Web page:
That the history of Indian thought has never been static but has always been a process of examination and criticism could be shown by a study of the transformation that its major concepts have undergone. We could have several papers of research on the several concepts used in Indian Philosophy such as Maya, Avidya, Karma, Sesa, Visesa, Vijnana and so on. The concepts of mind (manas), atman, prakrti etc., also have undergone evolution. The two terms Pravrtti and nivrtti have had a history of their own. As Whitehead has stated echoing the words of Wallace: “The use of Philosophy is to maintain an active novelty of fundamental ideas illuminating a social system. Philosophy is mystical, for mysticism is direct insight into depths as yet unknown. But the purpose of Philosophy is to rationalise mysticism not by explaining it away but by introduction of novel verbal characteristics rationally coordinated.” It is impossible to introduce novel verbal characteristics merely for the sake of introducing novelty in order to attract individuals to a new jargon. It is precisely because it is not easy to do so without what we call “experience” that we recognize a new philosophy as a New System only when we recognize the new experience underlying that philosophy. For the large mass of mankind insensitive to new development and in assimilation to customary ways of thinking, it is perhaps unnecessary to parade the idea of new philosophies. But we are now witnessing a new tempo of human activity, a development of mind which is becoming aware of the larger challenges of thought and life. So we may yet take our inspiration from the ancient Seer who spoke about the practice of togetherness of contraries (opposites) vidyanca-avidyanca yas tad vedo ubhayam saha or sambhutimca vinasamca yas tad vedo ubhayam saha – and pursue our philosophic endeavour, which may lead us to real reconstruction in Indian Philosophy.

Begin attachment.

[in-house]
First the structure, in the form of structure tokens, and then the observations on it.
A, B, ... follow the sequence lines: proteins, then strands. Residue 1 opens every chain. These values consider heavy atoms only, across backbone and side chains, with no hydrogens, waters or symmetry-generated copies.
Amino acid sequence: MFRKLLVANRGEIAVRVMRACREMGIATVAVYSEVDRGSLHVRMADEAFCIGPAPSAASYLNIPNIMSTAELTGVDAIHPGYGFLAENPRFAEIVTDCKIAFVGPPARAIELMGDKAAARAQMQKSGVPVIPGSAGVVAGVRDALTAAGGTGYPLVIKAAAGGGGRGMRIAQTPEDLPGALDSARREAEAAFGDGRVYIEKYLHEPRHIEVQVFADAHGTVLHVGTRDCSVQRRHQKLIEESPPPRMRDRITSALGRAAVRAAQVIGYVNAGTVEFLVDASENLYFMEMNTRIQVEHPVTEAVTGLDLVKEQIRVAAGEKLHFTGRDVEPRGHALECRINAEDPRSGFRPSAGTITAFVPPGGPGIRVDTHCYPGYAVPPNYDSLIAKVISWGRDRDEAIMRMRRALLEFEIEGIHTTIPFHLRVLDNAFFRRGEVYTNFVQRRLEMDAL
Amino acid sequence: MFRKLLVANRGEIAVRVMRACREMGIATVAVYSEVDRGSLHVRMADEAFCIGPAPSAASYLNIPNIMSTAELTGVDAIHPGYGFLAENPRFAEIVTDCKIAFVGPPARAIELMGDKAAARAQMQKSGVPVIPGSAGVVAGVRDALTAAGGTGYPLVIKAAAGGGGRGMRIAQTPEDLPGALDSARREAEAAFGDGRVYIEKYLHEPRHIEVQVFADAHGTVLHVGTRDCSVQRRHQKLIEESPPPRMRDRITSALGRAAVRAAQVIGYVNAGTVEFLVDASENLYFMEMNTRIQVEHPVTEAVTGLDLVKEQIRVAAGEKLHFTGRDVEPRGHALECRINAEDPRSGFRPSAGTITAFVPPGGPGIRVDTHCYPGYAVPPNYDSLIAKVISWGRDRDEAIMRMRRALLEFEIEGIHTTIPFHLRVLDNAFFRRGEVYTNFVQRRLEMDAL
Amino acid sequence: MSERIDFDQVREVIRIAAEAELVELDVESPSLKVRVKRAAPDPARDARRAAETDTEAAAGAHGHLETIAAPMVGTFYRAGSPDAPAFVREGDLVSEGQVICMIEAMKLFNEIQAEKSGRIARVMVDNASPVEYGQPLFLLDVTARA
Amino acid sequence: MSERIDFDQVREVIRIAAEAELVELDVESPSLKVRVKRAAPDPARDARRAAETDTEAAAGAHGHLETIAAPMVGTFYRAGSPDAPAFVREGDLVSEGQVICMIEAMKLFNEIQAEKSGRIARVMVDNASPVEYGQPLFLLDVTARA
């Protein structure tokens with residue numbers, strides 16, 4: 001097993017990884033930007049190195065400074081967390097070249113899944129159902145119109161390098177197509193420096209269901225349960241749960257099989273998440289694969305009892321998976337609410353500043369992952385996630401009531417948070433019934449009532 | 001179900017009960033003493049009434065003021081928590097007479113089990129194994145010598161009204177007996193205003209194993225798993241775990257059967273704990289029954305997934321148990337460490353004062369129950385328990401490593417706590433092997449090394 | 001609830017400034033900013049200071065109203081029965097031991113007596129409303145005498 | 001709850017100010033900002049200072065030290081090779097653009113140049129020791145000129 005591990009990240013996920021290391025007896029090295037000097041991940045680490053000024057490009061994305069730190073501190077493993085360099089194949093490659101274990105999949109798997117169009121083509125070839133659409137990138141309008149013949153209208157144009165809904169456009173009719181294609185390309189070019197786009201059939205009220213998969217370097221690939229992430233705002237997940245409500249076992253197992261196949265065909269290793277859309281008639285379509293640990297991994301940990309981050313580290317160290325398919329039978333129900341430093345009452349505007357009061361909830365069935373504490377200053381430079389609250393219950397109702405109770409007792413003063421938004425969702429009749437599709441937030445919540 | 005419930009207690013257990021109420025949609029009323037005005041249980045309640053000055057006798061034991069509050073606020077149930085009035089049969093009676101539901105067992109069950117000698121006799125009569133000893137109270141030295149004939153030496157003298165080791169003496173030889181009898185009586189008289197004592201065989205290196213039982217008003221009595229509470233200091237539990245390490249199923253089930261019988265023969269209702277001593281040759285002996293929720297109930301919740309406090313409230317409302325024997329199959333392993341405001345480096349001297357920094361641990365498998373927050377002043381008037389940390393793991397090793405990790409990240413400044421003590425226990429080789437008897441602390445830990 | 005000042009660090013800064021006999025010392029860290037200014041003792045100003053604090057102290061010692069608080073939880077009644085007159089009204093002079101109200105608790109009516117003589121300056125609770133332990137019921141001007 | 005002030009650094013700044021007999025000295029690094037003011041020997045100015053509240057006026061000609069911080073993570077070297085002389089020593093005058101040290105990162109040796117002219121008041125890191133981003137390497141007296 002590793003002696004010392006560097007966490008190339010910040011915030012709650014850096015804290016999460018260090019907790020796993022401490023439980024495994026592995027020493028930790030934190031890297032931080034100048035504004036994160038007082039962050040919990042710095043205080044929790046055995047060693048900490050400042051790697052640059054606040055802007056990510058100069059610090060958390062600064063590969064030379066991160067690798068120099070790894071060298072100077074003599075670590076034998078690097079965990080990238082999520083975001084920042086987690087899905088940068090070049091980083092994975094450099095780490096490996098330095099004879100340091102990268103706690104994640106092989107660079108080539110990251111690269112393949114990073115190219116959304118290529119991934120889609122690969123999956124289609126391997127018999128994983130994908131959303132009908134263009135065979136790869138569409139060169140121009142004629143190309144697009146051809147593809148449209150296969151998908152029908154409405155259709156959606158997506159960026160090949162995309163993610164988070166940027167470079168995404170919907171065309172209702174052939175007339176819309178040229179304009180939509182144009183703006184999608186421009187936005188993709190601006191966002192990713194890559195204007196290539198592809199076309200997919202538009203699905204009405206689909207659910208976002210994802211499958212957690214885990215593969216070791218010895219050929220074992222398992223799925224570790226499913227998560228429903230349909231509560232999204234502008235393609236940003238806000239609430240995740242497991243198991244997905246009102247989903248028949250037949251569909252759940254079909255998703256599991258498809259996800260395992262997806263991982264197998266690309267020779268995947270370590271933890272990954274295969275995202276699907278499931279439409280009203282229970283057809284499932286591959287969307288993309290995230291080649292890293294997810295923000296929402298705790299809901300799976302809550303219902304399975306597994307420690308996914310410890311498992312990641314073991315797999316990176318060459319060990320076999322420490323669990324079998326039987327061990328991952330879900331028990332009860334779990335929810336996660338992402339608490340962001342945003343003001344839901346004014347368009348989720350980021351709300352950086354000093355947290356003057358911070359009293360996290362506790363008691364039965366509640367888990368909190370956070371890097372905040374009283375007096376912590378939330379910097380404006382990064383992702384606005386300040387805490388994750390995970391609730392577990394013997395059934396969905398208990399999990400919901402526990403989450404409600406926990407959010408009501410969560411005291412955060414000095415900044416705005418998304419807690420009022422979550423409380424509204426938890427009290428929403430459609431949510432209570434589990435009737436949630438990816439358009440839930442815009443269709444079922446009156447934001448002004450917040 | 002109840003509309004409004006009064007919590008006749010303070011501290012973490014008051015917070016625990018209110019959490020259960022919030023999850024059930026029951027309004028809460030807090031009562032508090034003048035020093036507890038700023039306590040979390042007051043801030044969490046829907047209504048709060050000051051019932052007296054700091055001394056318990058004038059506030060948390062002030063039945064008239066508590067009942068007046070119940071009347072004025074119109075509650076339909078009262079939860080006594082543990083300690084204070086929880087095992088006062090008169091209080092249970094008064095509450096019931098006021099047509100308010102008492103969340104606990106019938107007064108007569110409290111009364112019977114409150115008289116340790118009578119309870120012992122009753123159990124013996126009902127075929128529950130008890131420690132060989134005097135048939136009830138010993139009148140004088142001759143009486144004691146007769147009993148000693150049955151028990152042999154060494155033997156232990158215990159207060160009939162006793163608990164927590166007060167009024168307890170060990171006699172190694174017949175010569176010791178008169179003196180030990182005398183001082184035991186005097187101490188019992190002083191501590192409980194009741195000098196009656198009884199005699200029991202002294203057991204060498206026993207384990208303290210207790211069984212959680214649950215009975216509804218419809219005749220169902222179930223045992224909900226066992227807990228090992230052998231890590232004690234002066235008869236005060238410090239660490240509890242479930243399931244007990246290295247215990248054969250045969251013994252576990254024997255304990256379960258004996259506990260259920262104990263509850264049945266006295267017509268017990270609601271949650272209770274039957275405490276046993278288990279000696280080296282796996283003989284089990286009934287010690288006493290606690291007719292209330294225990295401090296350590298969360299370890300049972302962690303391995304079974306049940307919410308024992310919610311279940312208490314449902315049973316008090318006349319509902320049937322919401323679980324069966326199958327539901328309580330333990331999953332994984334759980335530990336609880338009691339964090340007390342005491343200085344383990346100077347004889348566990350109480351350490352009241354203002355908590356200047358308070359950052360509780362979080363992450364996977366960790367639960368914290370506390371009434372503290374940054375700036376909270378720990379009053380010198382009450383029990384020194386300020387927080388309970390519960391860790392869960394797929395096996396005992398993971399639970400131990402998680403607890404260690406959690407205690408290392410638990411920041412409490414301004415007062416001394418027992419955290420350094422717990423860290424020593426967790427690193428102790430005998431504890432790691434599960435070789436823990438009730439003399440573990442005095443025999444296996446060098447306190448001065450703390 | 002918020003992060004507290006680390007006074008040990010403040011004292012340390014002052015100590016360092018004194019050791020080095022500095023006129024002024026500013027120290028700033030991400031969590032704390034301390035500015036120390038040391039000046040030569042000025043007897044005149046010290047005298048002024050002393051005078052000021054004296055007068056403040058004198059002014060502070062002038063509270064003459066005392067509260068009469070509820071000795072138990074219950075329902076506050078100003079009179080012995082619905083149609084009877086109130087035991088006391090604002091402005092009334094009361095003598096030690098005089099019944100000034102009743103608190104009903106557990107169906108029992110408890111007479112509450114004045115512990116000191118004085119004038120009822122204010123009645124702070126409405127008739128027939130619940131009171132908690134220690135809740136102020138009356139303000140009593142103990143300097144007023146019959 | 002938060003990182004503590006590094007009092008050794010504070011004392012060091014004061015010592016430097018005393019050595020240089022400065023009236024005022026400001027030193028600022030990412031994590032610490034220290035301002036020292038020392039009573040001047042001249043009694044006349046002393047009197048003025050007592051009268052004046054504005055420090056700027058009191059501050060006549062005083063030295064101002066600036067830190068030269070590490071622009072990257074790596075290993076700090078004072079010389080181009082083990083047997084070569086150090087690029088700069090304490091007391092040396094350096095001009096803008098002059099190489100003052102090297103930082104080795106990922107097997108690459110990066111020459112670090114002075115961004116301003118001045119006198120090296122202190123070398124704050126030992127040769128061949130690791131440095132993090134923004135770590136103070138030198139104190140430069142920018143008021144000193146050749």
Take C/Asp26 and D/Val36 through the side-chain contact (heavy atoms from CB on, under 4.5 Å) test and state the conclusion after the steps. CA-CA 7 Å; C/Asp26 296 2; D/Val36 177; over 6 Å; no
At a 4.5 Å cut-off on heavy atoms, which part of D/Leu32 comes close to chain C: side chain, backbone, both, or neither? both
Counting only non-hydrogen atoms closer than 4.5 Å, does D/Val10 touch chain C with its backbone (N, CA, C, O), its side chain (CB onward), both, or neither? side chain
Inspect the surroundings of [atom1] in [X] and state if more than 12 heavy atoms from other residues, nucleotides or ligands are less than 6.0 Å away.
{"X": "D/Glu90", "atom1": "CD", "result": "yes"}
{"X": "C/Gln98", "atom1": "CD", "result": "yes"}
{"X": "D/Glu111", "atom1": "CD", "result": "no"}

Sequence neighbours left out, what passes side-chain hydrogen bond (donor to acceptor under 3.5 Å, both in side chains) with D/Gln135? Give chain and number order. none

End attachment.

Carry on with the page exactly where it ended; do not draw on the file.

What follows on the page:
Many of the writers in the volume on Contemporary Indian Philosophy edited by Dr.S.Radhakrishnan, show us one of the ways in which the philosophies of Ancient India, mainly the Vedanta, lead to re-interpretation and re-construction. This re-interpretation made by the Indian mind is, in the main, through the media of Western intellectual philosophy. These philosophies are in a profound sense impact-philosophies rather than integrative philosophies. These impact-conscious philosophies fail to arrive at a true integral apprehension and thought or what Sri Aurobindo calls, the Real Idea of Reality.


Sri Aurobindo


The Philosophy of Sri Aurobindo has taken its stand on what we may call the integral realisation of Reality in all its planes of expression and experience. It is not merely a restatement but a reconstruction of  the ancient unity of experience! The One–Many Changeless–Change, Process, Progress and Purpose, Individual–Universal, and Nirguna and Saguna, Personal and Impersonal, Ethical and Supraethical and so on, and a revaluation of the concepts of Evolution and Involution.  The integralism of Sri Aurobindo reveals an insight into the integral Nature of Reality as Existence, as Intelligence and as Delight. Sri Aurobindo’s reconstructive insight is richer and profounder than the best of the Eastern and the Western thinkers. The past is conserved and transformed in the context of the Integral Philosophy. Dr. S.K.Maitra (of the Banaras Hindu University) has demonstrated the new advance and modification made by Sri Aurobindo in the concepts of Western Philosophy in the light of Indian Philosophy.